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Deutsche Bank to Seek Another €2.5 Billion in Savings Amid Flagging Profit

deutsche bank
Deutsche Bank twin towers in Frankfurt.
  • Why it matters

    Why it matters

    Deutsche Bank has a cost to income ratio higher than its rivals, forcing the bank to plan a series of cost-saving measures to make it more efficient.

  • Facts

    Facts

    • Deutsche Bank’s cost-income-ratio in 2013 was 89 percent. Rivals Goldman Sachs was 63.2 percent and JP Morgan was 72.4 percent.
    • The current savings program will be extended from 2015 to 2018.
    • The bank wants to save around €7 billion by then.
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    Audio

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Deutsche Bank, Germany’s largest bank, is planning sweeping cost-cutting measures as it seeks to boost competitiveness.

According to information attained by Handelsblatt, joint chief executives, Jürgen Fitschen and Anshu Jain, are planning to cut up to €2.5 billion ($3.4 billion) in costs by 2018.  This will expand the bank’s current plans to trim expenses by around €4.5 billion by 2015, bringing total cuts to between €6 billion and €7 billion, according to sources close to the bank. Deutsche Bank refused to comment.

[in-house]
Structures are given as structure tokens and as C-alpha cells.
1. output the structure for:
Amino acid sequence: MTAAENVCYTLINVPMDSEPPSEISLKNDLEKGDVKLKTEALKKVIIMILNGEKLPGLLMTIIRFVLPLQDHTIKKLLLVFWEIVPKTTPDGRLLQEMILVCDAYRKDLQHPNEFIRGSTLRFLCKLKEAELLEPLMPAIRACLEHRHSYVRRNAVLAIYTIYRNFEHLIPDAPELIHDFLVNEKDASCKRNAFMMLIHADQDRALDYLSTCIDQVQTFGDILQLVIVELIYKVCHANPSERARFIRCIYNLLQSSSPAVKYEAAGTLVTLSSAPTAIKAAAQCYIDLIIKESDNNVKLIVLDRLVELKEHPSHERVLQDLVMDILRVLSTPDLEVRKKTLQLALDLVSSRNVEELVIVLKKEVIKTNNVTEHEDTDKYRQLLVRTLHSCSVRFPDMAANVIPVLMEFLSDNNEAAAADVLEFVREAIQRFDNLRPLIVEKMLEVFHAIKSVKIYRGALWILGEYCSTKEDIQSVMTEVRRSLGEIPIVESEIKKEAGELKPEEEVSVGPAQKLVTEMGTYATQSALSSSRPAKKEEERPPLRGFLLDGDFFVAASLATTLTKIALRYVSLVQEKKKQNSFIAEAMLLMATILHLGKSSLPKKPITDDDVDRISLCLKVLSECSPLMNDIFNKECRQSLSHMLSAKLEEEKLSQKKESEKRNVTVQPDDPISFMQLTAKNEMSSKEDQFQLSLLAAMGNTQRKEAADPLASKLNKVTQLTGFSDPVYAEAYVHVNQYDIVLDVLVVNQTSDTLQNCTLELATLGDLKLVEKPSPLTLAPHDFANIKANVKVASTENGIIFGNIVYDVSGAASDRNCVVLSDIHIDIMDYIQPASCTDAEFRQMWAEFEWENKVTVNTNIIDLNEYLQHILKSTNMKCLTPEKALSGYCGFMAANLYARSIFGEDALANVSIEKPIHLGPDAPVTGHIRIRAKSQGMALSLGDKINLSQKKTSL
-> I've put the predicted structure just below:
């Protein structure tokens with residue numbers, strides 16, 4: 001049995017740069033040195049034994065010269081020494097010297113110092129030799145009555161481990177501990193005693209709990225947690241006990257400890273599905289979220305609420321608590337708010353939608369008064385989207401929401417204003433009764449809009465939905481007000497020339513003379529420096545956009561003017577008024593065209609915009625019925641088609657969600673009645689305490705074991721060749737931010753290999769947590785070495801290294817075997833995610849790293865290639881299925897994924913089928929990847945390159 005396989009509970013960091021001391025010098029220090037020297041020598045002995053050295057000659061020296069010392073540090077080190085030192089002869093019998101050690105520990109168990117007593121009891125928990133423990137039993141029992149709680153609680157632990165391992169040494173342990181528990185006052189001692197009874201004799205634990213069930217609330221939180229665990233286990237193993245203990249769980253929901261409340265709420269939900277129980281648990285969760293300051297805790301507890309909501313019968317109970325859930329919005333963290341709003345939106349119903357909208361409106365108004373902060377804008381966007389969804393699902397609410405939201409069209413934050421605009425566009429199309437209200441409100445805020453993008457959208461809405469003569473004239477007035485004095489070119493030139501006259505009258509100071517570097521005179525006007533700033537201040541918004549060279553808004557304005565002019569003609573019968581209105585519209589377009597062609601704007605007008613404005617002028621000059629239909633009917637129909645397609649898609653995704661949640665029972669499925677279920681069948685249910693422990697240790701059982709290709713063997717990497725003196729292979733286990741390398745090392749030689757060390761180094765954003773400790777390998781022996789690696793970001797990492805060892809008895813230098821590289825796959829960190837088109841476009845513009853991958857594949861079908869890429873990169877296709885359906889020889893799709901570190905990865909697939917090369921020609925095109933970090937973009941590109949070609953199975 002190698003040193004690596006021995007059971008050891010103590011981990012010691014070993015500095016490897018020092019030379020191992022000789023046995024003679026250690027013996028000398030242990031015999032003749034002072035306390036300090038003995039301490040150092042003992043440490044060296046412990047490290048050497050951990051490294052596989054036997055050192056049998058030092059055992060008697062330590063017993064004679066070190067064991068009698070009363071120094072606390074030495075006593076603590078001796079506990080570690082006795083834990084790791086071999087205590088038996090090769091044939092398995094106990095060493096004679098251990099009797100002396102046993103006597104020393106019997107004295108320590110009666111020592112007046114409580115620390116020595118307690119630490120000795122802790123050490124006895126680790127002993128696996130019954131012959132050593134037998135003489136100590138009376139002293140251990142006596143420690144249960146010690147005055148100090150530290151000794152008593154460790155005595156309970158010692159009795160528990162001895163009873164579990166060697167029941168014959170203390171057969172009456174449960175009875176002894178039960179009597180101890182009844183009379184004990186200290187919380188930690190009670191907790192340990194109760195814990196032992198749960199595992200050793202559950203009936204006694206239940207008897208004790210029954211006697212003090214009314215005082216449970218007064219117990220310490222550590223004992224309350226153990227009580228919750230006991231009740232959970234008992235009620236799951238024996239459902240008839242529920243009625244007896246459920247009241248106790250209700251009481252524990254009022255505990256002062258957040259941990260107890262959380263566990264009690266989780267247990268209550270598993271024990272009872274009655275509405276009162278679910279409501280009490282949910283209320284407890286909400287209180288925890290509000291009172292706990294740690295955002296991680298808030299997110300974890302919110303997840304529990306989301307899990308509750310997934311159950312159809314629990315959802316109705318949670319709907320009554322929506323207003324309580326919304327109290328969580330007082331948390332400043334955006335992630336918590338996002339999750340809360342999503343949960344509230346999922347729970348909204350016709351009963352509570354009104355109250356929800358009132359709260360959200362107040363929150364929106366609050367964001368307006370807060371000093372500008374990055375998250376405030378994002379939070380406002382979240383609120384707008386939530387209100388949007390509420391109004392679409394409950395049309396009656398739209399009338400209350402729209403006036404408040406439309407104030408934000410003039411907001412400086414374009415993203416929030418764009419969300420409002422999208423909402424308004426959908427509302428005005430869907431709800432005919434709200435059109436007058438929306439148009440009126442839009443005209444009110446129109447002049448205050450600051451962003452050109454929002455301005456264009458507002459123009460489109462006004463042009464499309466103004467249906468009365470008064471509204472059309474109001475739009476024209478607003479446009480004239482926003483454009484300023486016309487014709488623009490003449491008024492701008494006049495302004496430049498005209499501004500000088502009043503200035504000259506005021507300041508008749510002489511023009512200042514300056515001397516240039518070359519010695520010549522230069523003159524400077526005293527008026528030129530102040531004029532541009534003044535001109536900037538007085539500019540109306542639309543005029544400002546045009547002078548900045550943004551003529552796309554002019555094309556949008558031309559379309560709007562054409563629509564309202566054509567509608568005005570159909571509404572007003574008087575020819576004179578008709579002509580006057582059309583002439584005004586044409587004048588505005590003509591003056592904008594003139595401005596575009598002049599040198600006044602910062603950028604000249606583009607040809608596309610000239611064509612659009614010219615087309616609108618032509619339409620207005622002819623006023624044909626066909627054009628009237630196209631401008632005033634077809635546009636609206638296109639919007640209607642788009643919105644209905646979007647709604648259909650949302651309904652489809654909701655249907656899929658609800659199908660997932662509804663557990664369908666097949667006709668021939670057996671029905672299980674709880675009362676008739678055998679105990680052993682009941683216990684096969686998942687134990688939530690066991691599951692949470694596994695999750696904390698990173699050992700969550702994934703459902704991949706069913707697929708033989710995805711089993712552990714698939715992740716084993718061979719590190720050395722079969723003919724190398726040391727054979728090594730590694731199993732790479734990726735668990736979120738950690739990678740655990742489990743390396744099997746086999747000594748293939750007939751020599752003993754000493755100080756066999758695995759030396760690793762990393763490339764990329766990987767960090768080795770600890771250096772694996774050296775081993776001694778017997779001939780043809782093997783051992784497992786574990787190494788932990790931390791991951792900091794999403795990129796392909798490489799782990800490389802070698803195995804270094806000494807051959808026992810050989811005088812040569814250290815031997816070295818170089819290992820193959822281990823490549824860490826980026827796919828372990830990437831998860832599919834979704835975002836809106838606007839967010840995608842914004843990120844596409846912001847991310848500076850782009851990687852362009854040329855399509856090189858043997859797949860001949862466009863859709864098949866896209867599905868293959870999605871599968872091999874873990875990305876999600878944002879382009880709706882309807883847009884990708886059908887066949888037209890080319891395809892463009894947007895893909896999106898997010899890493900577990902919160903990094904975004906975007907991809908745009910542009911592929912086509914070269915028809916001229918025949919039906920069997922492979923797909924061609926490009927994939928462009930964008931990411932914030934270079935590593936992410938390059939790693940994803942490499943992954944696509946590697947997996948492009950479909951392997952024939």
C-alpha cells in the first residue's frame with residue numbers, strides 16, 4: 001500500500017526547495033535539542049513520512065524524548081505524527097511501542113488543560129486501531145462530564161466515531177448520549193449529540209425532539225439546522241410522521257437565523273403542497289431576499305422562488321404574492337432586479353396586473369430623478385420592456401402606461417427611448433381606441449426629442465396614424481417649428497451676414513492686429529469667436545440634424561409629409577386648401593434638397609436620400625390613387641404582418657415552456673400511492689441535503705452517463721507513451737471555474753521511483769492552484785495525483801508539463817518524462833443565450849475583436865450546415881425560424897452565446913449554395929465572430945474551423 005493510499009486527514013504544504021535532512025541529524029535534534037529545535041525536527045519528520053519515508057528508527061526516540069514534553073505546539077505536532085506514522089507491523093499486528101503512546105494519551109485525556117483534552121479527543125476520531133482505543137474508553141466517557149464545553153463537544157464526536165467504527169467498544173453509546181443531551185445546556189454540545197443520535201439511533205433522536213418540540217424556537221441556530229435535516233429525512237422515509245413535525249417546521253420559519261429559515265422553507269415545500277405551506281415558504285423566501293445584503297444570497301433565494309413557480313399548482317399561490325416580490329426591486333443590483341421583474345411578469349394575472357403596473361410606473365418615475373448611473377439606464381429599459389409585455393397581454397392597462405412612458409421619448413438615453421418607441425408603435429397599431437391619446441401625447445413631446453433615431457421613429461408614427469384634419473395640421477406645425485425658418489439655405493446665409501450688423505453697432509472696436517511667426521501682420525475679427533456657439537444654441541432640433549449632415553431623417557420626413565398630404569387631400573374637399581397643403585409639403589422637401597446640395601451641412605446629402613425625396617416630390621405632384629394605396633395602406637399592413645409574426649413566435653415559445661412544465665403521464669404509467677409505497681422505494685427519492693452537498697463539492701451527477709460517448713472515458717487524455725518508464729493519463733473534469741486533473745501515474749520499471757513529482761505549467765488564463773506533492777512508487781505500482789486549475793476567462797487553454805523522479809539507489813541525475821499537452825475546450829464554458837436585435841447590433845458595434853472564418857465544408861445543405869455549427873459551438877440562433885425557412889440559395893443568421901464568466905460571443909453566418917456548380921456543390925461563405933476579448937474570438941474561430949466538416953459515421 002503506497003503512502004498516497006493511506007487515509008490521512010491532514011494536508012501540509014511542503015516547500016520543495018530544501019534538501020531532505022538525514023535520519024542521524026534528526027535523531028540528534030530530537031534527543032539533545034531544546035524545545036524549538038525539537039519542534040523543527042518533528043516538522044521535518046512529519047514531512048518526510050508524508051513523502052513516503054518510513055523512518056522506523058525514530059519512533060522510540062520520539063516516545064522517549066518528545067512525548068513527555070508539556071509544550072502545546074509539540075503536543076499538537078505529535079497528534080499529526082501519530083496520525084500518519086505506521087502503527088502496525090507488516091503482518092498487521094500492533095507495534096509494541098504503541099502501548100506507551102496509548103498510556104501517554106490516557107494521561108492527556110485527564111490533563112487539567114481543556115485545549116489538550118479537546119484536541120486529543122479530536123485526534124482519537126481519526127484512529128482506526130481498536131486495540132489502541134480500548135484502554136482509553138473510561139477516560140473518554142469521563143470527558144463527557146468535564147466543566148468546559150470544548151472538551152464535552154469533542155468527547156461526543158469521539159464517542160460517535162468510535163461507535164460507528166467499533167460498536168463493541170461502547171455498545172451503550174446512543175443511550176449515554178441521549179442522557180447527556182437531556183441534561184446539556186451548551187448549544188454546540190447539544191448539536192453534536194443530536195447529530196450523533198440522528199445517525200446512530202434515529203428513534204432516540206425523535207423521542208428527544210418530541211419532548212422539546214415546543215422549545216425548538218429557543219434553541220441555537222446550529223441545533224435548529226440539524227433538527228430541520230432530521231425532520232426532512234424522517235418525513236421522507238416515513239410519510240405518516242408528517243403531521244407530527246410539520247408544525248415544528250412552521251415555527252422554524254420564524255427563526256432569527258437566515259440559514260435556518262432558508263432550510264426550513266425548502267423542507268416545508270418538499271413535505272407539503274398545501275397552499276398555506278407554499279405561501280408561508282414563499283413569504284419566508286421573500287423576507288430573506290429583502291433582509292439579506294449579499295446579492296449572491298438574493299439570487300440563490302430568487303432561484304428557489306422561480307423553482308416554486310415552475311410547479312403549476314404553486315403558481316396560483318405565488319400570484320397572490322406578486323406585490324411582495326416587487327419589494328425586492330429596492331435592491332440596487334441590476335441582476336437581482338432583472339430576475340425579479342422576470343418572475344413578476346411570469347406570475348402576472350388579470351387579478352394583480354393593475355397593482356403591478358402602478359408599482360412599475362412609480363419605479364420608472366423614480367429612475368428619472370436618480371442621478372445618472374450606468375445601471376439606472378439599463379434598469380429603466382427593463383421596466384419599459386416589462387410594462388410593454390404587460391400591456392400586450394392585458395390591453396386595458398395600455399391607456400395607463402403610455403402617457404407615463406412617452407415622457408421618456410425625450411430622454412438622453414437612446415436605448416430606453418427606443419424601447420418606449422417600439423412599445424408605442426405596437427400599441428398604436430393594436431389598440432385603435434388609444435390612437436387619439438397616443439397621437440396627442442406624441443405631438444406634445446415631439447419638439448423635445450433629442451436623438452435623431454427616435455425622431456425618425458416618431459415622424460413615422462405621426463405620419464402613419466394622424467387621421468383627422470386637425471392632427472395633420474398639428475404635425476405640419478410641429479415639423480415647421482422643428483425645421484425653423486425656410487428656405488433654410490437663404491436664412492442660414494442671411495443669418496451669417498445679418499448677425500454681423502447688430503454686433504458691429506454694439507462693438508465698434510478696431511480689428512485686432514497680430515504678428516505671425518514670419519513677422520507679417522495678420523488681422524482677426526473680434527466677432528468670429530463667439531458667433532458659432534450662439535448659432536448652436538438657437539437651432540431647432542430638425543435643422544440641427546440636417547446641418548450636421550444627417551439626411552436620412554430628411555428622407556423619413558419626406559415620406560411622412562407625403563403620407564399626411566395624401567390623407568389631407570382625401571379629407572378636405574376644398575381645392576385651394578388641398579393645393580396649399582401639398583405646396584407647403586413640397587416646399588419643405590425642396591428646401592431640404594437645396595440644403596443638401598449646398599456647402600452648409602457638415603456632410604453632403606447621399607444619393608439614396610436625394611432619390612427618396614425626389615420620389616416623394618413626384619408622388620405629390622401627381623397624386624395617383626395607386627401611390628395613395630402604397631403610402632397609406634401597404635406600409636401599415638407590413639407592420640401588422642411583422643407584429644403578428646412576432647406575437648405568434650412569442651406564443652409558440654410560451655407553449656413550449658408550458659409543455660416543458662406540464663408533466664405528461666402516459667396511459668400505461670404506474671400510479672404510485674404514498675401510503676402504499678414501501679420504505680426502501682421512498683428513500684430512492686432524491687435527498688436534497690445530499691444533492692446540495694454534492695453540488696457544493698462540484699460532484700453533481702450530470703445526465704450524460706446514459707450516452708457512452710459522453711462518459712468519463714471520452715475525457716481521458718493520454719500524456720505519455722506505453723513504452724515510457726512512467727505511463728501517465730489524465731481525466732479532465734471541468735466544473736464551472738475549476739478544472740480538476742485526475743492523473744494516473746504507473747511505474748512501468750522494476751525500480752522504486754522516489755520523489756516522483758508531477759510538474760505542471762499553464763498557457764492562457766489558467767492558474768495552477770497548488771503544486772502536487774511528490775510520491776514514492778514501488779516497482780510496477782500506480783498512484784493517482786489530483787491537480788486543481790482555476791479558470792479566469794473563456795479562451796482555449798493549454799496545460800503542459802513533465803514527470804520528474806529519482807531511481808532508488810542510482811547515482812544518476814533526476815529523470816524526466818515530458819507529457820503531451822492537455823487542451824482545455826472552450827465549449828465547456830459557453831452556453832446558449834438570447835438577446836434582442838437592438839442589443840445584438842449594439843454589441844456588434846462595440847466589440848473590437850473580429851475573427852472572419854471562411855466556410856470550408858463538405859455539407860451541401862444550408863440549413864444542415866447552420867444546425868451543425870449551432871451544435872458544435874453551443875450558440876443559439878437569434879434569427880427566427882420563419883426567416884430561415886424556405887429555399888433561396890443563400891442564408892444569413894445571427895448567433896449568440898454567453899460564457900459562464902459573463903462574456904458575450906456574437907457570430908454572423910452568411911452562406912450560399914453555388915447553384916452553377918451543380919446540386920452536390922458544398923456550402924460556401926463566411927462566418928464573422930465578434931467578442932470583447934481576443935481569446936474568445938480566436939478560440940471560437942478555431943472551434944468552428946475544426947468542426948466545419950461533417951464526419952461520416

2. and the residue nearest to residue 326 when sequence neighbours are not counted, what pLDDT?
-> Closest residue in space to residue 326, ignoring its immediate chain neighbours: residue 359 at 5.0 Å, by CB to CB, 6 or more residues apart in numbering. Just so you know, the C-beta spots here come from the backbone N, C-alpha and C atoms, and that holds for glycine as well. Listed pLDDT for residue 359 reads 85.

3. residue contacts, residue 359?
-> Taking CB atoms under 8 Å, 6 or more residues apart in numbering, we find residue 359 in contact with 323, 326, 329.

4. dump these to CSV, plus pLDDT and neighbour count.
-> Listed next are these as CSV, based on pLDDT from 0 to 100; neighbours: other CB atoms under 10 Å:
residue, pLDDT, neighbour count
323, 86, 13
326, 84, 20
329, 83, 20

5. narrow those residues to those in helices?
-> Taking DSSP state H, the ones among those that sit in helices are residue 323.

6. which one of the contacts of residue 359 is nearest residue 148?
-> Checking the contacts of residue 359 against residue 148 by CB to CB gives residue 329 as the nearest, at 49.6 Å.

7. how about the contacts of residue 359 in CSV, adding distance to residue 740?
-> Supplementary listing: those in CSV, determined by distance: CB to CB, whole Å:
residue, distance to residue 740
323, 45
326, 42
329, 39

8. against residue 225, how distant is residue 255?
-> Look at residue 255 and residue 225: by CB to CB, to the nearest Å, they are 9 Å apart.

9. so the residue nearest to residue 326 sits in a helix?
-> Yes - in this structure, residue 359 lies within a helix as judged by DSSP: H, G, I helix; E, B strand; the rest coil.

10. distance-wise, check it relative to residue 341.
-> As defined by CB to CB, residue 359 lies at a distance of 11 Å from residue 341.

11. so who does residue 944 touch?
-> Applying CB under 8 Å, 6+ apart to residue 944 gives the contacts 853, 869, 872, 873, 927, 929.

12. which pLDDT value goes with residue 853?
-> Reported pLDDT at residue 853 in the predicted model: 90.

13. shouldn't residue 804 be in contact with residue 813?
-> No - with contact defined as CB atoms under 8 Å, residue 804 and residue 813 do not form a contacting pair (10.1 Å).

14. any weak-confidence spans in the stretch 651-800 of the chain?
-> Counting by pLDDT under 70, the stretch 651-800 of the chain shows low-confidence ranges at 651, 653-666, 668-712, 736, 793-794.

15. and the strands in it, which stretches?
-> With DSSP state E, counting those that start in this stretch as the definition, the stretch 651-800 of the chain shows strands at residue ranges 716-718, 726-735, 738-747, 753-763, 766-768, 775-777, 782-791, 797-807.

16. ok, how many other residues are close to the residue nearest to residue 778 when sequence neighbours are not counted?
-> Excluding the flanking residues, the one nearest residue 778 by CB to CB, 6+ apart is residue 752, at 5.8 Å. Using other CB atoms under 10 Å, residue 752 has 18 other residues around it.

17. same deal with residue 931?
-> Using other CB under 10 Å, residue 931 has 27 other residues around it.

The renewed belt tightening efforts are seen as essential to boost the bank’s competitiveness. In the first quarter of 2014 its cost-income-ratio was 77 percent. In other words, for every €1 the bank made it spent 77 cent.

Deutsche Bank has been making progress in this area. In 2012, when Mr. Jain and Mr. Fitschen took over, the ratio stood at 92.5 percent and in 2013 it had been reduced to 89 percent. However, it still lags behind competitors. For instance, Goldman Sachs had a ratio of 63.2 percent last year and JP Morgan’s was 72.4 percent.

The Frankfurt-based bank has already said it wants to reach 65 percent by 2016.

The bank is not expected to look for job cuts at this time but rather it hopes to improve efficiency through technology and improved operations.

The company’s employees are to be informed next week about the details of the new cost-cutting plans.

Deutsche Bank has to make these cuts to improve profitability, as both its investment banking and private banking businesses are struggling due to current low interest rates, something that is affecting the entire banking industry.

At the same time tougher regulations and stronger capital requirements are pushing up costs for the industry.

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